In addition to understanding the Islamic intellectual tradition, the program teaches students how to apply that tradition to the modern day. Instructors emphasize how the Islamic tradition shapes our understanding of the modern world and the thought movements that have shaped it. In doing so, it imparts an understanding of Islam’s role in the world that is true to the example of the Prophet, peace and blessings be upon him, and early generations while avoiding reactionary approaches that are a new development in Muslim thought. The result is an approach that is at once based in traditional Islamic thought and yet able to engage in the challenges of modern society.
Students enrolled in the honors track will be taught an introduction to Tajwīd. In this course, students will learn the development of the science, the codification of major and minor mistakes (al-Laḥn), articulation of the letters, permanent and temporary qualities of letters with examples and application of the theoretical rules learned in class.
The Shaykh al-Hind Honors one year track is designed for full-time students. Five instructional periods are assigned Mondays to Thursdays between 8:30 a.m. 1:30 p.m. with one extra hour each week (to 3 p.m. for an Introduction to Humanities class) and three periods on Fridays. Each week, students will receive 24 hours of instruction in Arabic and Islamic Studies.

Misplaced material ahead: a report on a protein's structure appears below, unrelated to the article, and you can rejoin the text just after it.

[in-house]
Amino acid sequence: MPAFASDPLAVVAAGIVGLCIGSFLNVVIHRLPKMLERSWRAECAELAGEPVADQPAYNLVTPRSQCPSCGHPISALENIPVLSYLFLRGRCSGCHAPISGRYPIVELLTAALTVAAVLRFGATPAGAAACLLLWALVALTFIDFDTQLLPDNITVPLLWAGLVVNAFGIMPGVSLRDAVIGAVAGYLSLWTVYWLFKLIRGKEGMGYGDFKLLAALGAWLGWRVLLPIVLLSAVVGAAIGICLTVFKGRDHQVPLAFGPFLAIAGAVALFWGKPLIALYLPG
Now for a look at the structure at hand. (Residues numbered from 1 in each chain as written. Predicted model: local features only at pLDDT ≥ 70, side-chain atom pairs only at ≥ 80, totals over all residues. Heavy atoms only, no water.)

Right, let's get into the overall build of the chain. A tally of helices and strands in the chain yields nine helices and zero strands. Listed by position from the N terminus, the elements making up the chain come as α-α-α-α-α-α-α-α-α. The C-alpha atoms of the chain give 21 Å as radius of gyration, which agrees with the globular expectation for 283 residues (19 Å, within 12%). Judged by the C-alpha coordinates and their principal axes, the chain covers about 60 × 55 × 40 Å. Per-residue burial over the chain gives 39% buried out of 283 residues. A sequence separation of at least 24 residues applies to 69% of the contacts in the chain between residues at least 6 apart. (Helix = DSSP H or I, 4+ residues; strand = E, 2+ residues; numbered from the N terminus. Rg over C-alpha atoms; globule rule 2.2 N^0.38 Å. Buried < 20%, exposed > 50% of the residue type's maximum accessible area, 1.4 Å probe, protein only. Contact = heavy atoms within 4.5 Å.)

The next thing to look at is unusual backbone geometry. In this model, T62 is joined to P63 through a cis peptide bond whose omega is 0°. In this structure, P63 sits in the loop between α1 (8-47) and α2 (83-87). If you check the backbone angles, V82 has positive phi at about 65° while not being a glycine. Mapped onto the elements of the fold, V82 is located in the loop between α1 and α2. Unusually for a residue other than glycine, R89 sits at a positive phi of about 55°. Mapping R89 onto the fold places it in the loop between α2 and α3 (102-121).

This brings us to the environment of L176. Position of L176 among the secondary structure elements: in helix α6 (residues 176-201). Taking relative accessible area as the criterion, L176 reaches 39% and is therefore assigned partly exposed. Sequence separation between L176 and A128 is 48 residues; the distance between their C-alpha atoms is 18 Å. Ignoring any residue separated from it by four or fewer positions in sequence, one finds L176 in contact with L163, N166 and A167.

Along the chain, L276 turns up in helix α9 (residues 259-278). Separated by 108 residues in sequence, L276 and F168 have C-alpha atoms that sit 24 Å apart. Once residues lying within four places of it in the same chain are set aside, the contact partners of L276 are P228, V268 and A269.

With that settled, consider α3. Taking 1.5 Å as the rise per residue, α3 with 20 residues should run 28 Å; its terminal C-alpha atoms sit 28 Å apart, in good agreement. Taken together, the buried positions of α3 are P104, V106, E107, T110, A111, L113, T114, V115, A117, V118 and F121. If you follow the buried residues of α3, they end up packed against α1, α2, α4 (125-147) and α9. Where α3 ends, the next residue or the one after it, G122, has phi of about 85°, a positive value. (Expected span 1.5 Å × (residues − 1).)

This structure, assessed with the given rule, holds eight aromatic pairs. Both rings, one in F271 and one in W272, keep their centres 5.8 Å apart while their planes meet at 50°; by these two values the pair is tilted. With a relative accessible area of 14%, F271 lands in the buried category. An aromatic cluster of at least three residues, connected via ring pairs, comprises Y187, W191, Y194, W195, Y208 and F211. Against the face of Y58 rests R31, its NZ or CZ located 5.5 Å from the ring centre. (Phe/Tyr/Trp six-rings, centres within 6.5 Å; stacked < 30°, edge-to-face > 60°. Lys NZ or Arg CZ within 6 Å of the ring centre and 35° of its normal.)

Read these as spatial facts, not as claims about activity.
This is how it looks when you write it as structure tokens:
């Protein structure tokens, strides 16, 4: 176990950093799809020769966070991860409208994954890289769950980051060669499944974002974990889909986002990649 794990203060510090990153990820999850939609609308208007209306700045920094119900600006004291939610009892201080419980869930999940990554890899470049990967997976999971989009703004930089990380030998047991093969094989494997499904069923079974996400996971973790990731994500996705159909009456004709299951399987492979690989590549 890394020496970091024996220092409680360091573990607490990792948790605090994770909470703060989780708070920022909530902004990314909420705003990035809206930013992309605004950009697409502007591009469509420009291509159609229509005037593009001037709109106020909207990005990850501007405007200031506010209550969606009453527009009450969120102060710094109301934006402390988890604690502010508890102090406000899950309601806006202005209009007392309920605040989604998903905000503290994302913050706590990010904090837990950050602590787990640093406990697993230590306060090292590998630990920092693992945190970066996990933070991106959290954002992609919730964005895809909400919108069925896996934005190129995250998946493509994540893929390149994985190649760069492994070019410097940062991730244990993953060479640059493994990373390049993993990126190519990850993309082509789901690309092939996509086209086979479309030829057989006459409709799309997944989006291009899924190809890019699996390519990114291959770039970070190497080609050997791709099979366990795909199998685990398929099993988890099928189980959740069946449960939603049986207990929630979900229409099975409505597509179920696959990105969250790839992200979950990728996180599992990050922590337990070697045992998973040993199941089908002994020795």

Additionally, all Shaykh al-Hind Honors full-time students are eligible to attend weekend and evening Arabic and Islamic studies classes as electives.
The Shaykh al-Hind two year track is designed for working adults and college students who are enthusiastic and committed to gaining Islamic knowledge around their school/work schedule. Each week, students will receive up to six hours of Arabic and Islamic Studies instructions. Humanities and Tajwīd classes are only offered for the honors full-time track.